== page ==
In March and early April 2009, a new, swine-origin 2009-H1N1 influenza A virus emerged in Mexico and the United States. During the first few weeks of surveillance, the virus spread by human-to-human transmission worldwide to over 30 countries. On June 11, 2009, the World Health Organization (WHO) raised the worldwide pandemic alert level to Phase 6 in response to the ongoing global spread of the novel influenza A (H1N1) virus. By October 30, 2009, the H1N1 influenza A had spread to 191 countries and resulted in 5,700 fatalities. A national emergency was declared in the United States and the swine flu joined SARS and the avian flu as pandemics of the 21st century. Vaccination is currently available, but in limited supply, and with a 60 percent effectiveness rate against the virus.
The story of how this new influenza virus spread out of Mexico to other parts of North America and then on to Europe, the Far East, and now Australia and the Pacific Rim countries has its origins in the global interconnectedness of travel, trade, and tourism. Given the rapid spread of the virus, the international scientific, public health, security, and policy communities had to mobilize quickly to characterize this unique virus and address its potential effects. The World Health Organization and Centers for Disease Control have played critical roles in the surveillance, detection and responses to the H1N1 virus.
The Domestic and International Impacts of the 2009-H1N1 Influenza A Pandemic: Global Challenges, Global Solutions aimed to examine the evolutionary origins of the H1N1 virus and evaluate its potential public health and socioeconomic consequences, while monitoring and mitigating the impact of a fast-moving pandemic. The rapporteurs for this workshop reported on the need for increased and geographically robust global influenza vaccine production capacities; enhanced and sustained interpandemic demand for seasonal influenza vaccines; clear "triggers" for pandemic alert levels; and accelerated research collaboration on new vaccine manufacturing techniques. This book will be an essential guide for healthcare professionals, policymakers, drug manufacturers and investigators.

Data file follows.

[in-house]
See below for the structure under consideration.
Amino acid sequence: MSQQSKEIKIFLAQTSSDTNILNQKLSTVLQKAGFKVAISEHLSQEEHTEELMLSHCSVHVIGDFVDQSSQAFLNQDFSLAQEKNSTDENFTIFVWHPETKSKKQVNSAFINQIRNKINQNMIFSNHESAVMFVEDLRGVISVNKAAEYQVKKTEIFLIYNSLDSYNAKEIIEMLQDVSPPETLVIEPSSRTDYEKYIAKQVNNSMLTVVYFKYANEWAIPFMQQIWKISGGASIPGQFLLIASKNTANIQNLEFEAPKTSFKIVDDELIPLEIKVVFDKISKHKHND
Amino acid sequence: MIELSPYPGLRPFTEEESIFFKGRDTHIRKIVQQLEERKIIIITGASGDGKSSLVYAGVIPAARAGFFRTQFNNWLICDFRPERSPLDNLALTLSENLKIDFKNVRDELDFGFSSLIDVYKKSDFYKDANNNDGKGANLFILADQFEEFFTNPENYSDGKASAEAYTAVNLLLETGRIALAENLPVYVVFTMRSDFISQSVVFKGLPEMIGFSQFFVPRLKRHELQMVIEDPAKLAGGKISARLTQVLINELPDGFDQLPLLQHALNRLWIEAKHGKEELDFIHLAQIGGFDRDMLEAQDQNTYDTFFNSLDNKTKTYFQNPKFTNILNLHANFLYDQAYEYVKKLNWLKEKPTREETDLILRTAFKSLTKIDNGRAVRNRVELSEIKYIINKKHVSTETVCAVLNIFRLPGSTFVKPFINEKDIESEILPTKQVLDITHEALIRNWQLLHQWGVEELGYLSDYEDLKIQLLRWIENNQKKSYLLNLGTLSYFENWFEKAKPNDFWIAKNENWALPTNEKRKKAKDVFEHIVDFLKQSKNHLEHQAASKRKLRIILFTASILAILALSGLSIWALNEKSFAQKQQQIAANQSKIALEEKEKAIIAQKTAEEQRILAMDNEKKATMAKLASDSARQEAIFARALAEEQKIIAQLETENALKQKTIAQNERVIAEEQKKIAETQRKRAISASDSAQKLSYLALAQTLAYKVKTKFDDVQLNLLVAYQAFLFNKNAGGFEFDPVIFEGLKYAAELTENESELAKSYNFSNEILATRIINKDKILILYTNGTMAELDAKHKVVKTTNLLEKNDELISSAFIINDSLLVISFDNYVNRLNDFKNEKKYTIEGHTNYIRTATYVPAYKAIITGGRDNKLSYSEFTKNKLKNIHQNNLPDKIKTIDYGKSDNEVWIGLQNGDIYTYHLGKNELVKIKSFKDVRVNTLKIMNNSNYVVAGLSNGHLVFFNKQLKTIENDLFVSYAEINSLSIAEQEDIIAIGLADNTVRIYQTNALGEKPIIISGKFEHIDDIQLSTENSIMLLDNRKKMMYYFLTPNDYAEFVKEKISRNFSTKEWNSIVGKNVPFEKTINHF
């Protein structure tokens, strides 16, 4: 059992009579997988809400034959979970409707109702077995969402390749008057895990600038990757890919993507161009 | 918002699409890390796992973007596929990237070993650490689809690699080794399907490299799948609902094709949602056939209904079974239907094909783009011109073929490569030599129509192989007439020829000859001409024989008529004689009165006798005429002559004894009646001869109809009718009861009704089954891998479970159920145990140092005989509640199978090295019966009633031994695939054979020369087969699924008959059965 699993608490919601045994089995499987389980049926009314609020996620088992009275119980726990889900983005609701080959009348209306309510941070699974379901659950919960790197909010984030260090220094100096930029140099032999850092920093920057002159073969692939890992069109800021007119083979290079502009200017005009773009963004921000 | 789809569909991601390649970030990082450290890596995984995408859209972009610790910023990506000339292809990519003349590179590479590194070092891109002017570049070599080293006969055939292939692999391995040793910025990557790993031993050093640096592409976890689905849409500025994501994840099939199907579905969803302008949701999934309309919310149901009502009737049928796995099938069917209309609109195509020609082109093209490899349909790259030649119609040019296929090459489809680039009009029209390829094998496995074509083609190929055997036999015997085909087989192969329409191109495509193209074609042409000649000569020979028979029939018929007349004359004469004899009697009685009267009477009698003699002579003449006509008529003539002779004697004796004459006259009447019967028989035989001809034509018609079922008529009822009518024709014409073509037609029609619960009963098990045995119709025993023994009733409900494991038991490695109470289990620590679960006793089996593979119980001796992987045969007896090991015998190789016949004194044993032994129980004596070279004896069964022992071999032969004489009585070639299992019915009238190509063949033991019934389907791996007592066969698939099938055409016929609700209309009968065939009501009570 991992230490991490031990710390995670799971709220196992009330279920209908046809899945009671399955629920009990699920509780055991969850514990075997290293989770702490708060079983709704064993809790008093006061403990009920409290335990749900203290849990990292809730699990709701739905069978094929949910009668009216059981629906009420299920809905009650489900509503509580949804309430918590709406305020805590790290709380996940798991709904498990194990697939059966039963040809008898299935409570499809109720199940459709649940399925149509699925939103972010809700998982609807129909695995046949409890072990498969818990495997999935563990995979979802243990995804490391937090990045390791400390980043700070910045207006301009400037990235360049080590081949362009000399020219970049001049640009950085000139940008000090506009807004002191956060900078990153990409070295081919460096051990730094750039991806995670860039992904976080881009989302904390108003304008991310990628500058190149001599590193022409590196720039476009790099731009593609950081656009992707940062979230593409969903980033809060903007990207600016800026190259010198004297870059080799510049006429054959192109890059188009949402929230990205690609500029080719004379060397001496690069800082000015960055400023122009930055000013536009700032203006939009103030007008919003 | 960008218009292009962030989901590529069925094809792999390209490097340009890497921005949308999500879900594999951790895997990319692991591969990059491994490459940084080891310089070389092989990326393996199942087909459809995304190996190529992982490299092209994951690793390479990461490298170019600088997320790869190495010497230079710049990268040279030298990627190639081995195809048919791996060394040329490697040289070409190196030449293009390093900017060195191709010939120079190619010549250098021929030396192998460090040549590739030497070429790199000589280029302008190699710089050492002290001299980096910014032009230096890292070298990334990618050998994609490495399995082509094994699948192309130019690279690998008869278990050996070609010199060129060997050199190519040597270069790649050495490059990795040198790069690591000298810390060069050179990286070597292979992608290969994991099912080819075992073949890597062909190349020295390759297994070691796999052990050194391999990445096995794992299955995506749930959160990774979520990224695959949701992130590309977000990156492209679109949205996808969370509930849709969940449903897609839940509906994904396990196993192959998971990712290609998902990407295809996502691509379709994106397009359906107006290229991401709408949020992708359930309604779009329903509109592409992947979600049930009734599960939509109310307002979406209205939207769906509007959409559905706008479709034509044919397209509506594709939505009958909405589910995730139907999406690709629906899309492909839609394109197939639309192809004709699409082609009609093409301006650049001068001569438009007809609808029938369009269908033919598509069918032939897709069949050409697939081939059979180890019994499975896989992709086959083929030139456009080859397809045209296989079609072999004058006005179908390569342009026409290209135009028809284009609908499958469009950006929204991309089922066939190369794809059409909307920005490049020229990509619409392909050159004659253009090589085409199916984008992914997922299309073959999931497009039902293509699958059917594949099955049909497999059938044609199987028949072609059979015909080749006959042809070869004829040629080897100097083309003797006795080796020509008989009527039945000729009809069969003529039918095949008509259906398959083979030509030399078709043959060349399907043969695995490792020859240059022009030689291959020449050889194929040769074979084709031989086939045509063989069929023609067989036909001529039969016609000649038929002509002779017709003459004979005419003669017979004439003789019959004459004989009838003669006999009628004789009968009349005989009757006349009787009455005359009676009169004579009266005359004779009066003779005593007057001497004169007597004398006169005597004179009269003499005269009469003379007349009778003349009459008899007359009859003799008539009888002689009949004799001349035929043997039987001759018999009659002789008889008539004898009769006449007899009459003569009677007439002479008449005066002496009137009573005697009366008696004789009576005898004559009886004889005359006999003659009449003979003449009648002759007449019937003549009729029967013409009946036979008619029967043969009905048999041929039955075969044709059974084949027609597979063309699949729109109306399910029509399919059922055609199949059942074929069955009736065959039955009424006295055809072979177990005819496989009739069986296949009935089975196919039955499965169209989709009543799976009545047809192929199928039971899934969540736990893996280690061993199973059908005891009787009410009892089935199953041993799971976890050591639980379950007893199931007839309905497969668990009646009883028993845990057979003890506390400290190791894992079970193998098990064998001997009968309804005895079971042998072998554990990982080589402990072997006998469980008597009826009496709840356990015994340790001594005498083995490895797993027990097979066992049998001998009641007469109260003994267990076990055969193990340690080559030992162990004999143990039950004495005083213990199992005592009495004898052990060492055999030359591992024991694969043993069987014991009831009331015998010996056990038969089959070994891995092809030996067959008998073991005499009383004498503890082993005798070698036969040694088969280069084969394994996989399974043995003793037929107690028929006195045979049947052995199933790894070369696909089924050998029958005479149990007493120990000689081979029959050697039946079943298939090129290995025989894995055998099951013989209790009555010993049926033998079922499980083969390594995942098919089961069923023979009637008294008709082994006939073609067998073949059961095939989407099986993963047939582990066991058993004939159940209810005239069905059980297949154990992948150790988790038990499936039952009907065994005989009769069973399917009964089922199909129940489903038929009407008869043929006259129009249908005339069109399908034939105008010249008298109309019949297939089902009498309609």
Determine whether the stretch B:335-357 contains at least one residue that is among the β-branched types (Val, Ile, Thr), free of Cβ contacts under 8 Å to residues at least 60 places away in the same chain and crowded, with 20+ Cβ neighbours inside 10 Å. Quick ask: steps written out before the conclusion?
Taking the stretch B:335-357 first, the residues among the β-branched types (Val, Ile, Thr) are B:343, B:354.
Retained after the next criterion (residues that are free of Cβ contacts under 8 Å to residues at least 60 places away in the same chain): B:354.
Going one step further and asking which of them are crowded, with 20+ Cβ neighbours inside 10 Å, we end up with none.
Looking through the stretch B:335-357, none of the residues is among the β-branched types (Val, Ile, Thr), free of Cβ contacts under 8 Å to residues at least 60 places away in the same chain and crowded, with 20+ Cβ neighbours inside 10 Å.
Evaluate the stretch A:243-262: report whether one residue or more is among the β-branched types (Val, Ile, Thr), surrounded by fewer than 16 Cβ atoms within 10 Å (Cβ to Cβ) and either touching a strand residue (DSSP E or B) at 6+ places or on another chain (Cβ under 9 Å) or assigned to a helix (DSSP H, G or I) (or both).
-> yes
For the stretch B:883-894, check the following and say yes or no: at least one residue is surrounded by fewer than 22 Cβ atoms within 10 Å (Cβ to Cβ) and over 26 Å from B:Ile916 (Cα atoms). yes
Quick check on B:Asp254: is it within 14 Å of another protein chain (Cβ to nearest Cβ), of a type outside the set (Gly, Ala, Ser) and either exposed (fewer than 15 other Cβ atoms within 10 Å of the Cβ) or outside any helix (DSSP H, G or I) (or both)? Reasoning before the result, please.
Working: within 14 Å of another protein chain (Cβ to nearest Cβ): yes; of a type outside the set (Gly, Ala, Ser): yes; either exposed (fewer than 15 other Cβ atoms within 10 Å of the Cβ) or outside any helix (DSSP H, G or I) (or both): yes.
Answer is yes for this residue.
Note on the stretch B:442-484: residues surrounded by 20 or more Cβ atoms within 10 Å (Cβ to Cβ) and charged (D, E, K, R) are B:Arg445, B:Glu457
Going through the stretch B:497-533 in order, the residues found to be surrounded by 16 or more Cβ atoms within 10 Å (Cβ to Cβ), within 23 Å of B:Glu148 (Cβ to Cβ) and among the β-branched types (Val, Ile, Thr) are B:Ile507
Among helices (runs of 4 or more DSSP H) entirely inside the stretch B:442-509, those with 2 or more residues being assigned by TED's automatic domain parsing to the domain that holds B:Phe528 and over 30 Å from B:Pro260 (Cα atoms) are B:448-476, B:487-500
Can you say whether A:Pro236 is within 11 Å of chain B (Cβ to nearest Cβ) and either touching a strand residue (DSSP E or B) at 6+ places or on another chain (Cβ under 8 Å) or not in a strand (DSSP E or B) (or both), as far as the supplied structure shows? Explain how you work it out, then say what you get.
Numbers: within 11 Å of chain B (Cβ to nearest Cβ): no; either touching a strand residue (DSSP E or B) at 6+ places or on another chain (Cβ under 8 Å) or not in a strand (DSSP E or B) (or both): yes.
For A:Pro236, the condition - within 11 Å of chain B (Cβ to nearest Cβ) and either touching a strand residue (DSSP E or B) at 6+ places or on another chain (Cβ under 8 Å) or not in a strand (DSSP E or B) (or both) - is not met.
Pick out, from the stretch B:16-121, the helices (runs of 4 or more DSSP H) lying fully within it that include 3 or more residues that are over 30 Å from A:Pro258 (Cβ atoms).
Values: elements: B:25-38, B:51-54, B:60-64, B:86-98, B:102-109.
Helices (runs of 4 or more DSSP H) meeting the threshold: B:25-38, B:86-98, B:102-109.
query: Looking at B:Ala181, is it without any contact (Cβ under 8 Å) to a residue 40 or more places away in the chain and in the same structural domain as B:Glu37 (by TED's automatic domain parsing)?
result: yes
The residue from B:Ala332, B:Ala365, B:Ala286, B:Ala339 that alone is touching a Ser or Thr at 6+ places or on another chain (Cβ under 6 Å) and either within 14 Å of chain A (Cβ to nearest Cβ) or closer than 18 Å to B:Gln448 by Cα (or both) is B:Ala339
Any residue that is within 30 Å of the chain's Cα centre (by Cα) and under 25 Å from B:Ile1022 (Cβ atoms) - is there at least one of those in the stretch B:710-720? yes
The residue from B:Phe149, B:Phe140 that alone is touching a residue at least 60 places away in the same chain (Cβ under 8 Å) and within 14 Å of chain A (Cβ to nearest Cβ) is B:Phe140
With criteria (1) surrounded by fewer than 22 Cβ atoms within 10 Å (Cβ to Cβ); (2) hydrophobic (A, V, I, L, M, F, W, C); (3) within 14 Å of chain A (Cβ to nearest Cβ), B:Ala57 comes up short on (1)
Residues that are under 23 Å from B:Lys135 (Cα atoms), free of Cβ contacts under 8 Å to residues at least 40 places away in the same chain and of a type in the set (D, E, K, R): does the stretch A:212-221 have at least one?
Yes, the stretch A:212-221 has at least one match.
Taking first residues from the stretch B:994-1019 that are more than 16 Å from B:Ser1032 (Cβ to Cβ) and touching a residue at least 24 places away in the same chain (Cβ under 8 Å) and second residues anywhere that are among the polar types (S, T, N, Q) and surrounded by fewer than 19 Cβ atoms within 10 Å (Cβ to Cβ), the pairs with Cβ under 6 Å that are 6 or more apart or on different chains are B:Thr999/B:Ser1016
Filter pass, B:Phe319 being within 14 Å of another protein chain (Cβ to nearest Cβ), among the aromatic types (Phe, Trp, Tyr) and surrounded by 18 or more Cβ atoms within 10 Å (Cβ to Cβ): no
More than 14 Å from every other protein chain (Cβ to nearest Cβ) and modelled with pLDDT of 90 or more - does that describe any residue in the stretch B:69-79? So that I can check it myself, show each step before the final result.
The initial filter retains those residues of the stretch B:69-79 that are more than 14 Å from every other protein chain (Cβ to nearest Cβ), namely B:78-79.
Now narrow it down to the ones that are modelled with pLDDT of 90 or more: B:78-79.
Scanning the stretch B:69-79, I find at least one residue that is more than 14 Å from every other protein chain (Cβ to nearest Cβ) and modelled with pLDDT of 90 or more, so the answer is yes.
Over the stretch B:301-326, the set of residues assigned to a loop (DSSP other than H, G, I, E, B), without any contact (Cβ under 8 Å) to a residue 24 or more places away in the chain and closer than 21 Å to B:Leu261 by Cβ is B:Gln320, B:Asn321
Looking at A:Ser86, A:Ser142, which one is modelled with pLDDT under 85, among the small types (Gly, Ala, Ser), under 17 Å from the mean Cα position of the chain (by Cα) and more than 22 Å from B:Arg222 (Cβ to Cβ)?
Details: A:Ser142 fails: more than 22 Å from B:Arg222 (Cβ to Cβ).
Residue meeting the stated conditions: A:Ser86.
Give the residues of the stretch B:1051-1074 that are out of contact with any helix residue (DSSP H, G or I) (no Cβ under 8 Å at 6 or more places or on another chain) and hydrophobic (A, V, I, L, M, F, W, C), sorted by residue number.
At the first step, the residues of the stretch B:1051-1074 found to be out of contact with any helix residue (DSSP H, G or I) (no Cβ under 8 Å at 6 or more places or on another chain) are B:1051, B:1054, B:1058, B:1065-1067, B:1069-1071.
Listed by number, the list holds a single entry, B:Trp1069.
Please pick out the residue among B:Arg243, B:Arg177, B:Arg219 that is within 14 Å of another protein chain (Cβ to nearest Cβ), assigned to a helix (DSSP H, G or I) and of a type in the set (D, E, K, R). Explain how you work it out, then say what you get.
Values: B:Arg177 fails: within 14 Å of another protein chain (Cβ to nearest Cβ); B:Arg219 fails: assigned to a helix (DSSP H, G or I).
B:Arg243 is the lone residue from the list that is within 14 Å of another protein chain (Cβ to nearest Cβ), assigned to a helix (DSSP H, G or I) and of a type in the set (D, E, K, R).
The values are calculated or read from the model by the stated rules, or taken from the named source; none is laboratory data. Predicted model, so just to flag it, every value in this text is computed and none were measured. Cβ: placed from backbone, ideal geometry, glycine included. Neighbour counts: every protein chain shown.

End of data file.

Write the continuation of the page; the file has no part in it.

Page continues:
Table of Contents
|Appendix A1 Technical Report for State and Local Public Health Officials and School Administrators on CDC Guidance for School (K-12) Responses to Influenza during the 2009-2010 School Year||95-110|
|A2 Predicting Emerging Diseases in the Twenty-first Century: The Case of Zoonotic Influenza||111-119|
|A3 The Spring 2009 Influenza A H1N1 Outbreak: A Local Public Health Perspective||120-136|
|A4 I nternational Law and Equitable Access to Vaccines and Antivirals in the Context of 2009-H1N1 Influenza||137-154|
|A5 In Vitro and In Vivo Characterization of New Swine-Origin H1N1 Influenza Viruses||155-190|
|A6 Estimation of the Reproductive Number and the Serial Interval in Early Phase of the 2009 Influenza A⁄H1N1 Pandemic in the USA||191-207|
|A7 The Severity of Pandemic H1N1 Influenza in the United States, from April to July 2009: A Bayesian Analysis||208-247|
|A8 Hard Choices in Difficult Situations: Ethical Issues in Public Health Emergencies||248-268|
|A9 Rumors of Pandemic: Monitoring Emerging Disease Outbreaks on the Internet||269-282|
|A10 Preliminary Observation of the Epidemiology of Seasonal and Pandemic Influenza A (H1N1) in South Africa, 2009||283-296|
|A11 Reflections on the 1976 Swine Flu Vaccination Program||297-305|
|A12 Southern Hemisphere, Northern Hemisphere: A Global Influenza World||306-326|
|A13 Influenza (H1N1) Pandemic 2009||327-341|
|A14 Origins and Evolutionary Genomics of the 2009 Swine-Origin H1N1 Influenza A Epidemic||342-380|
|Appendix B Agenda||381-385|
|Appendix C Acronyms||386-388|
|Appendix D Glossary||389-396|
|Appendix E Forum Member Biographies||397-418|
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